ACLU Report Exposes Debtors’ Prison Practices in Ohio
Investigation into Eleven Ohio Counties finds that Seven are Illegally Jailing People for Inability to Pay Fines
April 4, 2013
FOR IMMEDIATE RELEASE
CONTACT: (212) 549-2666; firstname.lastname@example.org
CLEVELAND – The U.S. Constitution and Ohio state law prohibit courts from jailing people for being too poor to pay their legal fines, but in several Ohio counties, local courts are doing it anyway. The ACLU of Ohio today released The Outskirts of Hope, a report that chronicles a nearly yearlong investigation into Ohio’s debtors’ prisons and tells the stories of six Ohioans whose lives have been damaged by debtors’ prison practices.
“Being poor is not a crime in this country,” said Rachel Goodman, Staff Attorney at the ACLU Racial Justice Program. “Incarcerating people who cannot afford to pay fines is both unconstitutional and cruel—it takes a tremendous toll on precisely those families already struggling the most.”
The law requires that courts hold hearings to determine defendants’ financial status before jailing them for failure to pay fines, and defendants must be provided with lawyers for these hearings. If a defendant cannot pay, the court must explore options other than jail.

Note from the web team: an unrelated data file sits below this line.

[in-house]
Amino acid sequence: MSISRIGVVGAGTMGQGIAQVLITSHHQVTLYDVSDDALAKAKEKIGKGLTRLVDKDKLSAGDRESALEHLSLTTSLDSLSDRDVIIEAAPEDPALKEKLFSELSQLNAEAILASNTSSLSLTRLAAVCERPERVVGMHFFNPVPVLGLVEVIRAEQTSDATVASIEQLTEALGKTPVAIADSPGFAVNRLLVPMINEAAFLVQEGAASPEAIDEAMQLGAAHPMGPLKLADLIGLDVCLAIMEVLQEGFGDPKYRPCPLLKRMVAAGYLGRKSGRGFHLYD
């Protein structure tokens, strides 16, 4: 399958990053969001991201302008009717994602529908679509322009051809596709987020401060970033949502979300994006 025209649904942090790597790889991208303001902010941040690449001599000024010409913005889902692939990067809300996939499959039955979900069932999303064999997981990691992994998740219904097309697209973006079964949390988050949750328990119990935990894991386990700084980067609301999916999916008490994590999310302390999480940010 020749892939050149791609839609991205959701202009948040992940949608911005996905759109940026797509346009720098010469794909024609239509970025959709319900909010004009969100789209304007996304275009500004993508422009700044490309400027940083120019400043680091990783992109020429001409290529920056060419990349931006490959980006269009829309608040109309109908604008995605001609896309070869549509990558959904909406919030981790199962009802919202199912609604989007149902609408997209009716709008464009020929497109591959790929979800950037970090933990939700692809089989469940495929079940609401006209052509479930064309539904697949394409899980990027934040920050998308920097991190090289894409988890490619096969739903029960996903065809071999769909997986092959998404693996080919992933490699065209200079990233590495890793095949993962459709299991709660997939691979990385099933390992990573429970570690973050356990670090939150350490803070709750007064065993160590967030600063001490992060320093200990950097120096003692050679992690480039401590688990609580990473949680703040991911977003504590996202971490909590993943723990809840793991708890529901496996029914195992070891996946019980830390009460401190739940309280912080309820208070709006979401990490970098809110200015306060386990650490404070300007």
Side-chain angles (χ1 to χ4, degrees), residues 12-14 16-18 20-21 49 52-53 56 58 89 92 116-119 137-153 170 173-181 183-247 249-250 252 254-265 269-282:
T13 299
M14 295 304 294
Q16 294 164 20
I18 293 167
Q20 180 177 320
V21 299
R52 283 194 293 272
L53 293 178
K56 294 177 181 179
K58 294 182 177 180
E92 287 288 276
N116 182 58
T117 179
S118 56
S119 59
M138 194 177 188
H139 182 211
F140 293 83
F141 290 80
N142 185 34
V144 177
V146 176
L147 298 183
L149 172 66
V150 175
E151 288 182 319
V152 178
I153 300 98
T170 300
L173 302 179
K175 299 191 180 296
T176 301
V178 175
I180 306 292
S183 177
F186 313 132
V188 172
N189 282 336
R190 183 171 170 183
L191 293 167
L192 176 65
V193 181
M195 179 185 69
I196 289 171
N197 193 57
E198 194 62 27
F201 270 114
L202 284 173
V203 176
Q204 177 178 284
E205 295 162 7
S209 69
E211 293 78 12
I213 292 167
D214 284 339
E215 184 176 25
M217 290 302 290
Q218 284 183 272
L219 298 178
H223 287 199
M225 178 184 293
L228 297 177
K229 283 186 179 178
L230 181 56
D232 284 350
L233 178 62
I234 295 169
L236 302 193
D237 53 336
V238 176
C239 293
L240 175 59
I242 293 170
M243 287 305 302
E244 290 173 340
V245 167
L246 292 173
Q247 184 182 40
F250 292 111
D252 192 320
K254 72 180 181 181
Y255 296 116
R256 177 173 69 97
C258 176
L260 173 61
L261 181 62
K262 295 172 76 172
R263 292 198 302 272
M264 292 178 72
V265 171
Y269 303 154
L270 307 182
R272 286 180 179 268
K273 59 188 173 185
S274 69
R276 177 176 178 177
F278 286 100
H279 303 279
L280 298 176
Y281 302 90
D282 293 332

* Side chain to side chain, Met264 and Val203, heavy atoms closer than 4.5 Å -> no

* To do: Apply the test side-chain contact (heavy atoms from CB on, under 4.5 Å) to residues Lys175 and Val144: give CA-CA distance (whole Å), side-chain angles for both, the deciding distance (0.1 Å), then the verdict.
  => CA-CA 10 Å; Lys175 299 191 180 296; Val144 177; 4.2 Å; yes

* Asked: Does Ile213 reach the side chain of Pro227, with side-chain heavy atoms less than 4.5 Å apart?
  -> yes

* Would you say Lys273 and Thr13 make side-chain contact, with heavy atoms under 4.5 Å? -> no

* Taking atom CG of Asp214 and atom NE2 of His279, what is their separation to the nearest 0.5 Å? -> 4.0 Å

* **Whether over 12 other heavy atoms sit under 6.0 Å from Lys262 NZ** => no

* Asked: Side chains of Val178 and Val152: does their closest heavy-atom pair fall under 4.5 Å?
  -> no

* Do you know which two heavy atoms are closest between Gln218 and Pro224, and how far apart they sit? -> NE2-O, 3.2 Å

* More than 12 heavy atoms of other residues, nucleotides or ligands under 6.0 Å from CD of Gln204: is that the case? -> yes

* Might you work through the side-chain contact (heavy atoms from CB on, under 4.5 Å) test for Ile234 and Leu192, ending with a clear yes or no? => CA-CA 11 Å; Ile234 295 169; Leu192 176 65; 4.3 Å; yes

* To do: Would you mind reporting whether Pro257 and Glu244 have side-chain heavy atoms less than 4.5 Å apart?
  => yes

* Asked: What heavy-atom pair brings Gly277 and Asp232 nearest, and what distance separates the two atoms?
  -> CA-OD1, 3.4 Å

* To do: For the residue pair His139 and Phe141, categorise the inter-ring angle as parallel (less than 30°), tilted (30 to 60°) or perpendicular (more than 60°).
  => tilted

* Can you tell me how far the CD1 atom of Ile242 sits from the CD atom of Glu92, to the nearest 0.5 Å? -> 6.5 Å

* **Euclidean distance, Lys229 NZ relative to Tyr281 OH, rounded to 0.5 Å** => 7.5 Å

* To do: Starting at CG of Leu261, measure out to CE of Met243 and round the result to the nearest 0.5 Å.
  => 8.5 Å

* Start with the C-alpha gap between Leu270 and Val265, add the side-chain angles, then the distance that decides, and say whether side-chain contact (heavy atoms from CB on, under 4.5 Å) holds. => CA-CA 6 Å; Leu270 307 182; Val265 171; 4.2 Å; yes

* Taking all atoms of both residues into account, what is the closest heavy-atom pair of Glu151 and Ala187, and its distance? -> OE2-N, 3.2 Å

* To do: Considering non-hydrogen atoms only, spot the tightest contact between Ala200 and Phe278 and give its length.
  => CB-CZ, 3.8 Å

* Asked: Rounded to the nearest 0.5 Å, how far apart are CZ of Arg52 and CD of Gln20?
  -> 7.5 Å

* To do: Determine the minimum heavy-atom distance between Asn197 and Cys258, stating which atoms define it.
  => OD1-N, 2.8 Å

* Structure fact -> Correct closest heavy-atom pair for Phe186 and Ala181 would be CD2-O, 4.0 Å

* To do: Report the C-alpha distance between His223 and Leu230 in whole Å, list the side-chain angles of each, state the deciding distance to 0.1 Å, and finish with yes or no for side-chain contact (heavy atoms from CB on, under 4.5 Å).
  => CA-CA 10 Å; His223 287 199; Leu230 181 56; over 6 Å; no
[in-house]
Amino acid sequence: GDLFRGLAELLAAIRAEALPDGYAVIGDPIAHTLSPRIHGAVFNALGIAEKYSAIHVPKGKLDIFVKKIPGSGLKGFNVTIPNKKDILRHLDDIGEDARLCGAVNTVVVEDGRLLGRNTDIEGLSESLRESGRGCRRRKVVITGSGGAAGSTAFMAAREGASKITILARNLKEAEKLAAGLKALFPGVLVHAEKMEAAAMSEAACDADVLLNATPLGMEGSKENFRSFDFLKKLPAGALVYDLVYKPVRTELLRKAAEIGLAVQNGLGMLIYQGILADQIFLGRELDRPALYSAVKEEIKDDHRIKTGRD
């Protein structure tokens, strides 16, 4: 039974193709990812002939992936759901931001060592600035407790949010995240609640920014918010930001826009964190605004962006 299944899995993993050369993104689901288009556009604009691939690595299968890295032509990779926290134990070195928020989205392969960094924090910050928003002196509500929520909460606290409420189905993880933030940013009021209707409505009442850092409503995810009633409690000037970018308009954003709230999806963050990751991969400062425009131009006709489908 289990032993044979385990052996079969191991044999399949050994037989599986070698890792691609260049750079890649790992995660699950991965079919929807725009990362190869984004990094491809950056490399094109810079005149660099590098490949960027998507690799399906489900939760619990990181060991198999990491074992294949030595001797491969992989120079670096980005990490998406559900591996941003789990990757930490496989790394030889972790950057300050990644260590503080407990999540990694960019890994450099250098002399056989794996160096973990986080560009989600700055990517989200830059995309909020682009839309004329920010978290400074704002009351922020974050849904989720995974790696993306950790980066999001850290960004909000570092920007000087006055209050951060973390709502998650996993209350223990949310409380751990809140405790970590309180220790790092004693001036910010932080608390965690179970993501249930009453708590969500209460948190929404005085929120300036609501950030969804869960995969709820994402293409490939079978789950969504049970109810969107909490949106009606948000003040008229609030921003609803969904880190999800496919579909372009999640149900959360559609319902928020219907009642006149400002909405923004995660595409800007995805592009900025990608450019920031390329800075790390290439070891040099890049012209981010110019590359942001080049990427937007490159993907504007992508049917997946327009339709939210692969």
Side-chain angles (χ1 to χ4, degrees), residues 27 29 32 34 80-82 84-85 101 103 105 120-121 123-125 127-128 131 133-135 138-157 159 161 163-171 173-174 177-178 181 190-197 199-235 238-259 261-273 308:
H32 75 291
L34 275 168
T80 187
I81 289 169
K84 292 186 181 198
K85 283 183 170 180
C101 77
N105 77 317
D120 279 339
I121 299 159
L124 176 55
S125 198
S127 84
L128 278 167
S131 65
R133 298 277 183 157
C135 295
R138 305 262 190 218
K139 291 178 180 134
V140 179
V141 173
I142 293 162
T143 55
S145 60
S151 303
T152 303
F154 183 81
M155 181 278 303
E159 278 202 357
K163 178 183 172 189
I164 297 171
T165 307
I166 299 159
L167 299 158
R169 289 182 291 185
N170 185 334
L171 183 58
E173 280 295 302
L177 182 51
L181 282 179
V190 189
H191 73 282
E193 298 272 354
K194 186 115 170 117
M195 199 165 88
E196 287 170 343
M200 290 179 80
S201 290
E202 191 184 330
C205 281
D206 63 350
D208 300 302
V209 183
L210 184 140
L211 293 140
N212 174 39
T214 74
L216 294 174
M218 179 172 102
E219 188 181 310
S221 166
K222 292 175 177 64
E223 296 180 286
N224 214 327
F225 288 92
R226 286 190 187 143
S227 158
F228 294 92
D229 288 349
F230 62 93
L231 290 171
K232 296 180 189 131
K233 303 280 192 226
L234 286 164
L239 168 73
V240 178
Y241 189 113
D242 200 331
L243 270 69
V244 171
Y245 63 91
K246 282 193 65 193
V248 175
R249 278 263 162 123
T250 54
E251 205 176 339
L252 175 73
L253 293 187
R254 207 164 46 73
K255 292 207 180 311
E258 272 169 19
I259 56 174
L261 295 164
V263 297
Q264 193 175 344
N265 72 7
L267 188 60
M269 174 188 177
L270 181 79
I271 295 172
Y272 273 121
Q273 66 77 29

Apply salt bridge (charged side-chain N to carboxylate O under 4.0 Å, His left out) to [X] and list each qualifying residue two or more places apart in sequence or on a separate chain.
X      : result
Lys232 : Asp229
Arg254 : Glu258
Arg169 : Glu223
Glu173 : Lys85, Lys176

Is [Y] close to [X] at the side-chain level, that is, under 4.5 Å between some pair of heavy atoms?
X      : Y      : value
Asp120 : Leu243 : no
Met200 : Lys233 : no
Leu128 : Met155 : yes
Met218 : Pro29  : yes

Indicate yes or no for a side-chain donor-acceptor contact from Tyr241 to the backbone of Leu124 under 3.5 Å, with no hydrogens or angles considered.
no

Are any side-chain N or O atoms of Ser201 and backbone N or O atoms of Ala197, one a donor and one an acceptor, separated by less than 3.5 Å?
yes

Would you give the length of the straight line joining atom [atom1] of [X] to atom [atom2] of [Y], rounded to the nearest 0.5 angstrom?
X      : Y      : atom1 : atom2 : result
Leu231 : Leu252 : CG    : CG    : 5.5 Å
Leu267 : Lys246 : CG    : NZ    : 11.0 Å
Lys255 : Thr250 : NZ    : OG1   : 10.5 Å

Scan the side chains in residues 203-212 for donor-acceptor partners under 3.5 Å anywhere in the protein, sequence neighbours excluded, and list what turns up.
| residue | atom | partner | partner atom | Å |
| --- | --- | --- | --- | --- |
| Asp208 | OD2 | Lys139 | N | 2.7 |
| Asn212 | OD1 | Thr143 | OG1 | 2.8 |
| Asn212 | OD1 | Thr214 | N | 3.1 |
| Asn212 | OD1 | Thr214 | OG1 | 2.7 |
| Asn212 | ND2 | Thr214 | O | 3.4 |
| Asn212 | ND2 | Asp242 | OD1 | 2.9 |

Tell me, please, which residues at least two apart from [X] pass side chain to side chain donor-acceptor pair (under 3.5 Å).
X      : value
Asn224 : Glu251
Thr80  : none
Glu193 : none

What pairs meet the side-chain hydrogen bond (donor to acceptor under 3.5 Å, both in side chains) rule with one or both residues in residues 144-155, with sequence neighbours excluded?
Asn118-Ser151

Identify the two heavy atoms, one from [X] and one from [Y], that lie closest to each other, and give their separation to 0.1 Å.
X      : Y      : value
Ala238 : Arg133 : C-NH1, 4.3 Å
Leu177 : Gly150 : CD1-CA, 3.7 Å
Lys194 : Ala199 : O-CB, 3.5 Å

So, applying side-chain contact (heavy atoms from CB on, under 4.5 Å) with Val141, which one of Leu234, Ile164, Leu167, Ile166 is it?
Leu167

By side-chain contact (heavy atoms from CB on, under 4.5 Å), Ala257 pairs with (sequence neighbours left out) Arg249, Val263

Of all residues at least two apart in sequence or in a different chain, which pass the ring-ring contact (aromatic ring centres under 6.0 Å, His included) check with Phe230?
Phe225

“Supreme Court precedent and Ohio law make clear that local courts and jails should not function as debtors’ prisons,” said Carl Takei, Staff Attorney at the ACLU National Prison Project. “Yet many mayors’ courts and some municipal courts jail people without making any attempt whatsoever to determine whether they can afford to pay their fines.”
Beyond the questions of legality, debtors’ prison practices make no financial sense since courts routinely spend more to jail defendants than they would recover in fines.
“Not only are these courts violating the law, they are actually losing money doing it,” said ACLU Director of Communications and Public Policy Mike Brickner. “In every case we profiled for The Outskirts of Hope, the county spent more money than it collected to incarcerate people for failure to pay fines. In many cases, it spent more than the defendant owed in the first place.”
“These practices are legally prohibited, morally questionable, and financially unsound. Nevertheless, they appear to be alive and well in Ohio,” added Brickner. “It’s like something out of a Charles Dickens novel.”
In conjunction with the release of The Outskirts of Hope, the ACLU has sent letters to seven Ohio courts, calling for an immediate end to these illegal debtors’ prison practices. In response to a letter sent by the ACLU, the Chief Justice of the Supreme Court of Ohio expressed appreciation for the investigation and indicated interest in meeting to discuss the issue.